Accrual accounting method is a method of managing an enterprise's accounting method in which transactions are recorded at that time, even if no assets have been exchanged between the legal entities involved in the transaction, ie the goods sold or the services provided have not yet been disclosed received by the seller and the buyer has not yet done enough. This method is based on the accounting principle of the principle, which is called the accounting principle, that is, when the revenue is to be compared with the expenditure incurred in obtaining such revenue.
How is accrual accounting method used?
The basis for the success of a clearing process means that as soon as a document, such as a billing statement or a receipt that supports the assumption that a debit or credit transaction, the accountant introduces the appropriate accounts to represent the transaction. For example, a bookkeeper can not wait until cash is collected to sell the sale as a loan in the accounts but is fixed at the conclusion of the contract to support the title for future cash. Of course, if a transaction involving a cash or other asset, such as a retail store, takes place at the beginning of the transaction, then the transaction is recorded regardless of the accounting method.
The Benefits of Accrual Accounting Techniques
With accrual accounting, accounting for liabilities when they are the legal basis for them, it is less likely that an enterprise fails to hedge liabilities by accounting for an accounting error. Furthermore, since accrual accounting means that assets, liabilities and revenues are recorded in chronological order, accrual accounting allows them to evaluate transactions easily and efficiently. In addition, the method of accrual accounting provides a more accurate financial situation for the business. However, the accrual-based method requires that multiple entries be entered into the accounts and as transactions are recorded regardless of whether or not they receive cash for the goods sold or services provided in the event that customers do not pay its debts are recognized as losses. This is a good practice as the financial statements indicate the quality of the receivables and the losses from the sale to non-paying customers.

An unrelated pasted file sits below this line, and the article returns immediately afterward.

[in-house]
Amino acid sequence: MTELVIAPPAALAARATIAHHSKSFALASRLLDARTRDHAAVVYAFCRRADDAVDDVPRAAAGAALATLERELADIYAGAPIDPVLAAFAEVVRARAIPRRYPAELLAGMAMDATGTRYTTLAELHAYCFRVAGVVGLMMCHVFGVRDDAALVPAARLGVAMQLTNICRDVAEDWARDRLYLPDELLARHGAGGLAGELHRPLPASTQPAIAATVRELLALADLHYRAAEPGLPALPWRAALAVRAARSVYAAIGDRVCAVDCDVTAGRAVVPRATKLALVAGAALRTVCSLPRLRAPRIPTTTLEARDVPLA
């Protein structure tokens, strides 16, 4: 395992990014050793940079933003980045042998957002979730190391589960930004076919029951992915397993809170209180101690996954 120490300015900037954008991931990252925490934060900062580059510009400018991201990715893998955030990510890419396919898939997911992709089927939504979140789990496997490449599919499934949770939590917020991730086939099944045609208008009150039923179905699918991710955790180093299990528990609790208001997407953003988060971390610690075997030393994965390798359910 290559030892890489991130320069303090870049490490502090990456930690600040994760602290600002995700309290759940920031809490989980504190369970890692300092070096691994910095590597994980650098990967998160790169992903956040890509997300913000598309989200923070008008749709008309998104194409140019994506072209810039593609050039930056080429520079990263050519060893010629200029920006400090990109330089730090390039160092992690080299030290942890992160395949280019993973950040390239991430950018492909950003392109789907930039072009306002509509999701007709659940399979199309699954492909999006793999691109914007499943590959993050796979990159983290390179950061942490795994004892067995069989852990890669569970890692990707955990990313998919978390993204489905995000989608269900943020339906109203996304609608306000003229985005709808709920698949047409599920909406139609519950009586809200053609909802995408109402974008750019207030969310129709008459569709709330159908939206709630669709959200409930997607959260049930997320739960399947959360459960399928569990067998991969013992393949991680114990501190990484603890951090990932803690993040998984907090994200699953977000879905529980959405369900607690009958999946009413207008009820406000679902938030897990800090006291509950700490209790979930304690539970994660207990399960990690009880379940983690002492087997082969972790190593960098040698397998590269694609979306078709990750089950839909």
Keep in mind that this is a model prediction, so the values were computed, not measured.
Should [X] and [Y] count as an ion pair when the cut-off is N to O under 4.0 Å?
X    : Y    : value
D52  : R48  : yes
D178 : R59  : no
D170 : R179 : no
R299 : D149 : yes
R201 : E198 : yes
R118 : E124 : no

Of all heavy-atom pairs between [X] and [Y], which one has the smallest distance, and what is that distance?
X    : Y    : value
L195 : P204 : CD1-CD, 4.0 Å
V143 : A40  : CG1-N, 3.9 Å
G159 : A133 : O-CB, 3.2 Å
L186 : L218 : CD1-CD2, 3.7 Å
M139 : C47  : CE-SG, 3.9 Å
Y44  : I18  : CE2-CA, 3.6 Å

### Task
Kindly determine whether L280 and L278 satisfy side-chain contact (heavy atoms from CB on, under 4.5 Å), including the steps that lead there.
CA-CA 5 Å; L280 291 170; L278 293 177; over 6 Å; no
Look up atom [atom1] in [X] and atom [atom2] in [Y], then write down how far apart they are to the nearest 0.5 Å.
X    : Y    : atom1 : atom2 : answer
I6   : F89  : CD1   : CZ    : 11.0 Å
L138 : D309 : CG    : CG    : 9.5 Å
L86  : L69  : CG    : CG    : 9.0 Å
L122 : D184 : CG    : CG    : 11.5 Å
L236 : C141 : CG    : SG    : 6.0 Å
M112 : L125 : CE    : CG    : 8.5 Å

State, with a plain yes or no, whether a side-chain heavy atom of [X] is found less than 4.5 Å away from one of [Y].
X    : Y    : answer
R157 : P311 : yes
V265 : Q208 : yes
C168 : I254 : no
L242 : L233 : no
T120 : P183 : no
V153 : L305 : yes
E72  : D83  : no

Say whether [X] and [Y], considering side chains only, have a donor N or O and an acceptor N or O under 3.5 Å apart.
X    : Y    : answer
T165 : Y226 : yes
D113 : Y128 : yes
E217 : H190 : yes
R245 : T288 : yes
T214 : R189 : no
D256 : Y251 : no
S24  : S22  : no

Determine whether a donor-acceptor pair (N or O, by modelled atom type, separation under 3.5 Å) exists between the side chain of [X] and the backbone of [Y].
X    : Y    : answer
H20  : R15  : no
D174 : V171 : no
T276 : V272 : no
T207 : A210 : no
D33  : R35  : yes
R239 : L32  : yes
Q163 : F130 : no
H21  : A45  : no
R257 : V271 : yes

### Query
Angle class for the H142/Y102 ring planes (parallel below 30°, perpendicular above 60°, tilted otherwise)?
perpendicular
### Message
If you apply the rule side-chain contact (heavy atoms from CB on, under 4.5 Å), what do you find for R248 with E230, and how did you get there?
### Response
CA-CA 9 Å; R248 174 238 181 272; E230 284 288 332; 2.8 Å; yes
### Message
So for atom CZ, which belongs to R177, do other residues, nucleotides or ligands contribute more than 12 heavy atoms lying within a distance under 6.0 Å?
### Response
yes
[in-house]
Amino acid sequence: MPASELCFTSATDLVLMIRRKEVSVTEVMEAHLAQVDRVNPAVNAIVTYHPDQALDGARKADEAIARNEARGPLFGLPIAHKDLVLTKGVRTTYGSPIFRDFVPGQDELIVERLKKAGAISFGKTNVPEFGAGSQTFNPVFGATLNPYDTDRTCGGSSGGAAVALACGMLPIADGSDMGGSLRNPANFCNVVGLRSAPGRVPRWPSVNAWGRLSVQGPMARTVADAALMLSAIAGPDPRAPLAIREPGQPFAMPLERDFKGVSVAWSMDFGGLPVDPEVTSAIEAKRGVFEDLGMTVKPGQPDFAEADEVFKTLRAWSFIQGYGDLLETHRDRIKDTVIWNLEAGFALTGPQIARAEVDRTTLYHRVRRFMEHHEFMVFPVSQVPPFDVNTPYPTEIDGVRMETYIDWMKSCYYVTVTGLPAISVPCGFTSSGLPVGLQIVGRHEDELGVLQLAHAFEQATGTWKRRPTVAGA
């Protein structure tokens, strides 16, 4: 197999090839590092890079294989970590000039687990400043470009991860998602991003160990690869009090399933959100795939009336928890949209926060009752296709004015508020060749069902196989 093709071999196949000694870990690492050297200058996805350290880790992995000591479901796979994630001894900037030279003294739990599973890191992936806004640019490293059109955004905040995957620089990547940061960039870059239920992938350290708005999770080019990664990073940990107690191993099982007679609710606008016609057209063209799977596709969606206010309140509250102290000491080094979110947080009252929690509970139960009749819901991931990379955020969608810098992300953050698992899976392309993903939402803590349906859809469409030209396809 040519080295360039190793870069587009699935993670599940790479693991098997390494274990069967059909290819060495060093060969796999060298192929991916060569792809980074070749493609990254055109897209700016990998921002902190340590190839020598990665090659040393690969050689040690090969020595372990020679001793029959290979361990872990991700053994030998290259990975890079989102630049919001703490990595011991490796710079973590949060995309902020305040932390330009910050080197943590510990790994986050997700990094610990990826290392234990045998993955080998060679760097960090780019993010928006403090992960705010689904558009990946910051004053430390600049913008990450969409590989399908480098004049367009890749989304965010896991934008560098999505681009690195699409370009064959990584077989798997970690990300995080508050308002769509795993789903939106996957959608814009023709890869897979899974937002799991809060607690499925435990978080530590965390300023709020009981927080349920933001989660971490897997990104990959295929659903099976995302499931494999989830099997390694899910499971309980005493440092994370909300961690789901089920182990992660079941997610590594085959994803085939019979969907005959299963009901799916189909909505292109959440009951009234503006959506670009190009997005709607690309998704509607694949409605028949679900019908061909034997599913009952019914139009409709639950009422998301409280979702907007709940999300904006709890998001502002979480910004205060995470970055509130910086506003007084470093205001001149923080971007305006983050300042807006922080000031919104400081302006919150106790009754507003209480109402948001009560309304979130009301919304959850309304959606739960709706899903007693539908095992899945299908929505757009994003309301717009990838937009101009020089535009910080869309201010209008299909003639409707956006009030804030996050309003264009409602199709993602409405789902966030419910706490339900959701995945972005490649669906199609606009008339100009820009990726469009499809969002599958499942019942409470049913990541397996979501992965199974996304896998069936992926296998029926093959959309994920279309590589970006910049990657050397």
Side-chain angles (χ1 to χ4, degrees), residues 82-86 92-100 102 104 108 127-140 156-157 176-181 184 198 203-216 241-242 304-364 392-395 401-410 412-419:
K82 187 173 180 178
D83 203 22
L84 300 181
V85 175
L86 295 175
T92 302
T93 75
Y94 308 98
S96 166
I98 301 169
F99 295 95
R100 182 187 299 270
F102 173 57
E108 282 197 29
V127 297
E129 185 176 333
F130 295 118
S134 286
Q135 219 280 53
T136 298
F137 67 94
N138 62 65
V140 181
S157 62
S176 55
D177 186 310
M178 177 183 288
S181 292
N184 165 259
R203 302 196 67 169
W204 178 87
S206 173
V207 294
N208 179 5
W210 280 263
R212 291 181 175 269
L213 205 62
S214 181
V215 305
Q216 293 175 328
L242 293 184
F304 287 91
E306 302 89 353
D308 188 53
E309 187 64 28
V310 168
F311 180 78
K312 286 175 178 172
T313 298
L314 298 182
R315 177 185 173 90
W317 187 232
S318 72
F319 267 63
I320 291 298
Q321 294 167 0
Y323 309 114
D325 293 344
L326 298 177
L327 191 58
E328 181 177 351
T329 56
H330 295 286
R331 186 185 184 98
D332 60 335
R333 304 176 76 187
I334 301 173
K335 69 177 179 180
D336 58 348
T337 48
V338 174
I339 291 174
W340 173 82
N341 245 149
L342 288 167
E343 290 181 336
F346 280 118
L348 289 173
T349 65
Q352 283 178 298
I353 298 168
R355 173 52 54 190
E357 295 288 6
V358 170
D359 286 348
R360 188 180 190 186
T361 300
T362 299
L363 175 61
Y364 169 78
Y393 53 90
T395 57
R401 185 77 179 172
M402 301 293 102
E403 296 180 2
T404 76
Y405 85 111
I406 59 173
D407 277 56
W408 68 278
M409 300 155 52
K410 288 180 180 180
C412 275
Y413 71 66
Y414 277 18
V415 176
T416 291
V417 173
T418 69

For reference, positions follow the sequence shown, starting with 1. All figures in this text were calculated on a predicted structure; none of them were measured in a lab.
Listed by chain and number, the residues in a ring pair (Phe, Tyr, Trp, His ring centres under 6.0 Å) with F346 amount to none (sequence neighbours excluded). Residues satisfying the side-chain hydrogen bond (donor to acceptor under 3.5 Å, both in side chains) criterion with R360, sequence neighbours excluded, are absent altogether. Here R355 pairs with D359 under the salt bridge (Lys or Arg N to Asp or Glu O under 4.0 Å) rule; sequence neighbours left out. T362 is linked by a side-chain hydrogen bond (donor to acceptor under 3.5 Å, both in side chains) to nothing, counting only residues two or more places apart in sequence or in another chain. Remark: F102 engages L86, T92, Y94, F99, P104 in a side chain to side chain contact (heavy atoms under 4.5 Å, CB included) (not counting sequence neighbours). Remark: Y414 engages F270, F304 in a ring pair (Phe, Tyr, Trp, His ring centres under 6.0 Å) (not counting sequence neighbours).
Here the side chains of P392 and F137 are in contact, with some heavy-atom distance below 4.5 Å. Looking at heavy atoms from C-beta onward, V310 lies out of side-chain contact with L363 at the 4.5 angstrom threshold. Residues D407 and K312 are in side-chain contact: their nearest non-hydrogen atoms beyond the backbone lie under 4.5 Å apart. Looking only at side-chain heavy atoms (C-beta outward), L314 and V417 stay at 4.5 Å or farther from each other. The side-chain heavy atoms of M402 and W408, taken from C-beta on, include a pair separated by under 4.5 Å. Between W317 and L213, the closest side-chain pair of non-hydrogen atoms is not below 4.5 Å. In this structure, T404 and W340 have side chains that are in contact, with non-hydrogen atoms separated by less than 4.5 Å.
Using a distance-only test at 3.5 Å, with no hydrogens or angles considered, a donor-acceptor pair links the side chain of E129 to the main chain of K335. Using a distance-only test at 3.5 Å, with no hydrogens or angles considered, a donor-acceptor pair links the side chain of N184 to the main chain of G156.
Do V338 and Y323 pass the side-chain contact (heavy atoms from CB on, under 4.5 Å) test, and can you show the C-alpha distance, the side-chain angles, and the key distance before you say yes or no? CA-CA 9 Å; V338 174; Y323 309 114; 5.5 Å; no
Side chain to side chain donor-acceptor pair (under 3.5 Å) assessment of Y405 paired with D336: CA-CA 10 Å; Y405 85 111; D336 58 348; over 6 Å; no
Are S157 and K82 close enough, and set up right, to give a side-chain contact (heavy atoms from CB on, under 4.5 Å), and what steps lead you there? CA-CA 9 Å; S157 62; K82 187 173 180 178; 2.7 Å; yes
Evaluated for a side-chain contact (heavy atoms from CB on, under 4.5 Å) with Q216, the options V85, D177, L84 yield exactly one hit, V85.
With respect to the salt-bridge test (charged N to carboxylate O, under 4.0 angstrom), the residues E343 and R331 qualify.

We can conclude that this accounting method is a more widely used and recommended accounting method.
Example of Accrual Accounting
On 2 May 2009, ABC Corporation signed an agreement with XYZ to sell 1,000 chairs. The chairs will be delivered to the XYZ company's warehouse on 3 May 2009 and the ownership of the chairs will be transferred to the company by the delivery date. Chairs are paid within 30 days of delivery. Using the result-accounting method, the ABC company records the transaction on May 3, 2009, when the chairs are delivered to the customer, ie they record sales revenues and receivables from the XYZ company, reduce the value of the inventory from the inventory's inventory and reflect the as the costs associated with the sales revenue of the chairs and the payment of the goods are later executed.
Using the same accounting method, XYZ records the purchase of chairs in its books, ie increases inventory value and accounting obligation (payable accounts) to ABC.
Both companies must therefore record this transaction on the day that the ownership of the goods was transferred from the seller to the buyer despite the actual payment date.
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